Tuesday, 04 March 2014 19:20

ICT leads the way in executive employment stakes Featured

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The ICT sector has easily outstripped every other business and industry sector in the executive job stakes, with employment demand for execs in the sector up a whopping 70% last month.  Demand for executives across all other sectors was also relatively buoyant, increasing by 24%.

The engineering sector was the other sector, along with ICT, paving the way in increasing executive employment, with an uplift in February of 35%.

The executive employment increases in both ICT and engineering follows gains in the final months of 2013. ICT led the way in February, assisted by a significant pick-
up in all of the large states, while the marketing and financial sectors saw the smallest increase, largely due to only small gains in new government positions.

The latest figures are revealed today by executive search firm EL Consult in its executive demand Index for February, with EL Managing Director Grant Montgomery describing the 24% rise in demand across all sectors as “astounding”.

“While the improved result is in line with our expectations late last year the rise and extent of the increases in executive demand is astounding.”

"The massive increase in Information Technology employment shows we are moving with the times and embracing the newer ‘on-line’ industries. Australia can and is competing at the highest levels.”

Montgomery said that although the ICT sector has again led the way in the market, rising 70%, it is still, however, at “very low levels, affecting the percentage movements of the index.” Nevertheless, he says the “signs are encouraging,” and the decreasing trend seems to have lessened and “the importance of IT seems to be growing around the economy.”

“The long-term Australia appears to be moving away from manufacturing and to high technology services and manufacturing based on high technology which takes advantage of our educated population, efficient agriculture and large natural resource.

“With the Australian currency depreciating from its 2103 highs and increased business investment the Reserve Bank is predicting a full economic recovery by late this year.”

According to Montgomery, on the engineering front, “public infrastructure is probably the star but we are also seeing large new investment in extraction industries such as gas projects. The upturn in engineering jobs this month is driven by the feasibility and evaluation phase. As we move into construction and operation these numbers are going to improve further.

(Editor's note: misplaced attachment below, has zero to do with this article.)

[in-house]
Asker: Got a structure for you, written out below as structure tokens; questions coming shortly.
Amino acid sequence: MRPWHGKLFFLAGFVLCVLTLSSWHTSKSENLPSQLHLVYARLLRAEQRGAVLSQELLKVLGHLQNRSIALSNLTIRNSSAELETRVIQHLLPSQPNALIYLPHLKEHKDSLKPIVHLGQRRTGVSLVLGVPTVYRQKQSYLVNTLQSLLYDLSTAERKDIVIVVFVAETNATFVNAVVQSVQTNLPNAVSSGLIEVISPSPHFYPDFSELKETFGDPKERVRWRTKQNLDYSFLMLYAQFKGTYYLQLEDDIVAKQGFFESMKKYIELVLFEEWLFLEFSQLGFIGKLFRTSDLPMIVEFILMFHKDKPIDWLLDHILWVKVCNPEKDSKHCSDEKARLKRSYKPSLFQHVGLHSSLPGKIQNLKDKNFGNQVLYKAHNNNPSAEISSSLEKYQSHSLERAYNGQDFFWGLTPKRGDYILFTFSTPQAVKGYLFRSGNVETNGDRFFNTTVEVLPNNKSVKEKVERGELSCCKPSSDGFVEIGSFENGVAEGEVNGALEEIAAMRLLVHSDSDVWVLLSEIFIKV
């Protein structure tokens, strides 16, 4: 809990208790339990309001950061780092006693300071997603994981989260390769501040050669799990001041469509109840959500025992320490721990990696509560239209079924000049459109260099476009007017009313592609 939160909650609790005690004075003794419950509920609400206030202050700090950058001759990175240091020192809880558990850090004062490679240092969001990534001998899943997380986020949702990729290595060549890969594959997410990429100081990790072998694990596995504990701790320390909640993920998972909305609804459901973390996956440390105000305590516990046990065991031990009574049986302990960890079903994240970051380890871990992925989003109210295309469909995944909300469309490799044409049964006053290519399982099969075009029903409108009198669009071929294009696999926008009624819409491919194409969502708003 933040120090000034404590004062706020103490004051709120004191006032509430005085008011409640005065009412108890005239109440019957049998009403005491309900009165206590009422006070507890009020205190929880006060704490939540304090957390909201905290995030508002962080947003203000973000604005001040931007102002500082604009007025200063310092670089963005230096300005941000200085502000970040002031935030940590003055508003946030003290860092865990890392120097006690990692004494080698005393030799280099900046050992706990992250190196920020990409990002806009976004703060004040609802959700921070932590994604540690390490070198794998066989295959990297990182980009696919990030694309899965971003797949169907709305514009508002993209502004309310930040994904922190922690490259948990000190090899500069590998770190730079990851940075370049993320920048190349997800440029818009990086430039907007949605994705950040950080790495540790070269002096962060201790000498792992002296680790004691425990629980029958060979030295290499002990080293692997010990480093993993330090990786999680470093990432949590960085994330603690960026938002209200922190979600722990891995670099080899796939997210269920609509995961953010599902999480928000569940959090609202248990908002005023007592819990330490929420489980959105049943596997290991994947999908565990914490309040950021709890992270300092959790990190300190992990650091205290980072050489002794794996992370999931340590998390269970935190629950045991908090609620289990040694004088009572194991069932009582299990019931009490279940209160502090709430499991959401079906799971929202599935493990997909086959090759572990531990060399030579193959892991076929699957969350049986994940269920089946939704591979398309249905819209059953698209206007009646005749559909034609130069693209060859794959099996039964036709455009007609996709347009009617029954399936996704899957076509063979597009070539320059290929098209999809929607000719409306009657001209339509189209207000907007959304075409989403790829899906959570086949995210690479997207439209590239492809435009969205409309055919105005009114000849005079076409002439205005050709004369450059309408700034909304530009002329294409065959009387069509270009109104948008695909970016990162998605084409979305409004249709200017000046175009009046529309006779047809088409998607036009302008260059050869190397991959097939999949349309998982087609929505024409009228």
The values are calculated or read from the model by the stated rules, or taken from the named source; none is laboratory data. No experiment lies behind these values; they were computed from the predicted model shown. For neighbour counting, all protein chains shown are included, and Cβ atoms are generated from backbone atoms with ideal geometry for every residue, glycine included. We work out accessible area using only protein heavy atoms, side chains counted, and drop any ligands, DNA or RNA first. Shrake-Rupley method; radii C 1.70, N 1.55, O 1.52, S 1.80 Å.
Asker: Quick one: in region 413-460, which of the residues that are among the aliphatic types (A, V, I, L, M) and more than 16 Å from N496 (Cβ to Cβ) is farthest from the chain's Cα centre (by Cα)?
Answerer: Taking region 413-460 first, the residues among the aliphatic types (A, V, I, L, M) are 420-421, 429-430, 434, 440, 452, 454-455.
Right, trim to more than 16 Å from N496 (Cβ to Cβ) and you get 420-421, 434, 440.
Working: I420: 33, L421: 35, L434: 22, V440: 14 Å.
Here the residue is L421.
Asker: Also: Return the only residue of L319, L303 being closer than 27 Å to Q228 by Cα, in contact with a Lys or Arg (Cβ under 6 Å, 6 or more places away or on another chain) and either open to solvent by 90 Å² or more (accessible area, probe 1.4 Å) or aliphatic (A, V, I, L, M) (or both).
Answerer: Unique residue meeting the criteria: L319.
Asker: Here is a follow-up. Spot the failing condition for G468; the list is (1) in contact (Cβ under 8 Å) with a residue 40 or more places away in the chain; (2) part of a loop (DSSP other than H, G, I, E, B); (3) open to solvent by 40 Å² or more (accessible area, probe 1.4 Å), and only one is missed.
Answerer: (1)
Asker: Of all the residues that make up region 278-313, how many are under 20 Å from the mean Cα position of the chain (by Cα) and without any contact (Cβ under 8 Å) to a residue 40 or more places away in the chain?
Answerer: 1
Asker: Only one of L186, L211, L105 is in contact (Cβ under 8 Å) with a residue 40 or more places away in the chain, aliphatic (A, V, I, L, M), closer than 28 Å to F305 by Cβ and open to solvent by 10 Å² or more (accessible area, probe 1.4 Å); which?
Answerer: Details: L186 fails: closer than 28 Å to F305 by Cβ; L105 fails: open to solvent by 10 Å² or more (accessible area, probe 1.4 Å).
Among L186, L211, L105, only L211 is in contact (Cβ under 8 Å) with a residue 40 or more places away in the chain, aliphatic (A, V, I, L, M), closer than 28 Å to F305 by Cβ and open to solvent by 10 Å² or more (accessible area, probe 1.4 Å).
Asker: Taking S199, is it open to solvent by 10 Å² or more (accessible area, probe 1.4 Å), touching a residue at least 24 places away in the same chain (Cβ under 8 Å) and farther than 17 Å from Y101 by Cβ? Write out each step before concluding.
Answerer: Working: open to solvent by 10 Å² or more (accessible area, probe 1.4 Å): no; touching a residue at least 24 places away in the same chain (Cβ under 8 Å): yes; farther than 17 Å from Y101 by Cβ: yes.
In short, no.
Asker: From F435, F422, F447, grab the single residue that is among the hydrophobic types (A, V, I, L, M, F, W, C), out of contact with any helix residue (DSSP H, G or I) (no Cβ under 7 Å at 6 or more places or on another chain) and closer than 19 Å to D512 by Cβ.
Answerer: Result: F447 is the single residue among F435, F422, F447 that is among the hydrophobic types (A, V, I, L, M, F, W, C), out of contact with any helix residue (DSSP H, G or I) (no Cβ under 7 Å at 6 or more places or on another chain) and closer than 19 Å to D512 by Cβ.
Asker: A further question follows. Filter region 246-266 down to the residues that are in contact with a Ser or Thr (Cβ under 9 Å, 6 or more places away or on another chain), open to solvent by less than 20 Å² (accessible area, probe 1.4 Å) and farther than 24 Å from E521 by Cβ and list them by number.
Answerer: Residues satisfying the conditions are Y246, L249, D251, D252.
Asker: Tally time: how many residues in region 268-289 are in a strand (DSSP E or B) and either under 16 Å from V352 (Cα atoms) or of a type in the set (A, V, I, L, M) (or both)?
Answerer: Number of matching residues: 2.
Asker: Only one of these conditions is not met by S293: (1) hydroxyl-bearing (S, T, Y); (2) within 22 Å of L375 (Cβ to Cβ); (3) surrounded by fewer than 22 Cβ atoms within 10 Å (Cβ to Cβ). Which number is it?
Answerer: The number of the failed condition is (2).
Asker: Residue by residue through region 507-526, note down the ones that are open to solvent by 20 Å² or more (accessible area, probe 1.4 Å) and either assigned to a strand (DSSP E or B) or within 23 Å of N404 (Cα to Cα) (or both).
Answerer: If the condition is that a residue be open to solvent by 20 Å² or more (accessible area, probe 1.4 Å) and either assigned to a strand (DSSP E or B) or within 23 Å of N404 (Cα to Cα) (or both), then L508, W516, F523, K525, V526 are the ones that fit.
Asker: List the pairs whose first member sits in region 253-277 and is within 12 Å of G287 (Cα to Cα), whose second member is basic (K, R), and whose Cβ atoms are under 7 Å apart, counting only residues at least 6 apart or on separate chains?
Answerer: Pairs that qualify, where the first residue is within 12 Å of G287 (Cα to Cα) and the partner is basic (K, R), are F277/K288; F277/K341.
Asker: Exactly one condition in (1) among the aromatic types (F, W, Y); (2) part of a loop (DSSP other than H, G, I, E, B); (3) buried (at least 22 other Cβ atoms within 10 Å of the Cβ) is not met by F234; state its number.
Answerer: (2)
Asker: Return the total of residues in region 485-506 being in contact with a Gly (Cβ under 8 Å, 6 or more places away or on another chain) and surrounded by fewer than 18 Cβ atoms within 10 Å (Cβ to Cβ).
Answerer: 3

Montgomery observes that executive employment is a “heavy commitment and, for business, a significant investment,” with “business investment in February clearly back with the Information Technology and Engineering sectors.”

“This increasing confidence from the business sector has occurred across the board and can be put down to a number of factors.

“Most significant of these is that businesses are now more certain about their future.

“This is not that the new government is likely to be friendly to business, though could be partially true, but that there will be at least three years of consistent policy direction as Australia emerges from the longest federal election campaign in history,” Montgomery observes.

“Other factors include a decline in exchange rates, increased corporate profits and a general uplift in the US economy,” Montgomery says.

“With recent highly publicised closures in manufacturing industries such Alcoa, Toyota and GMH some good news on the economy could not be better timed.

“Clearly Australia cannot compete against the emerging economies on manufacturing but strong growth in executive employment is a clear indication that we can and are building a strong service sector.”

“The long-term Australia appears to be moving away from manufacturing and to high technology services and manufacturing based on high technology which takes advantage our educated population, efficient agriculture and large natural resource.

“With the Australian currency depreciating from its 2103 highs and increased business investment the Reserve Bank is predicting a full economic recovery by late this year.”

According to EL, the executive employment gains in February were broad, with every state and territory recording positive outcomes for the month, led by Western Australia and New South Wales.

And, the Index reveals that Victorian executive positions increased on the back of improving results in all sectors, particularly engineering.

Nationally, the marketing and financial sectors saw the smallest increase, largely due to only very small gains in new government positions.

Montgomery says the three-monthly national trend in executive employment is slightly higher as it “throws off the low results of late last year,” and he says EL expects that the next few months will continue to build this upward trend.


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Peter Dinham

Peter Dinham - retired and is a "volunteer" writer for iTWire. He is a veteran journalist and corporate communications consultant. He has worked as a journalist in all forms of media – newspapers/magazines, radio, television, press agency and now, online – including with the Canberra Times, The Examiner (Tasmania), the ABC and AAP-Reuters. As a freelance journalist he also had articles published in Australian and overseas magazines. He worked in the corporate communications/public relations sector, in-house with an airline, and as a senior executive in Australia of the world’s largest communications consultancy, Burson-Marsteller. He also ran his own communications consultancy and was a co-founder in Australia of the global photographic agency, the Image Bank (now Getty Images).

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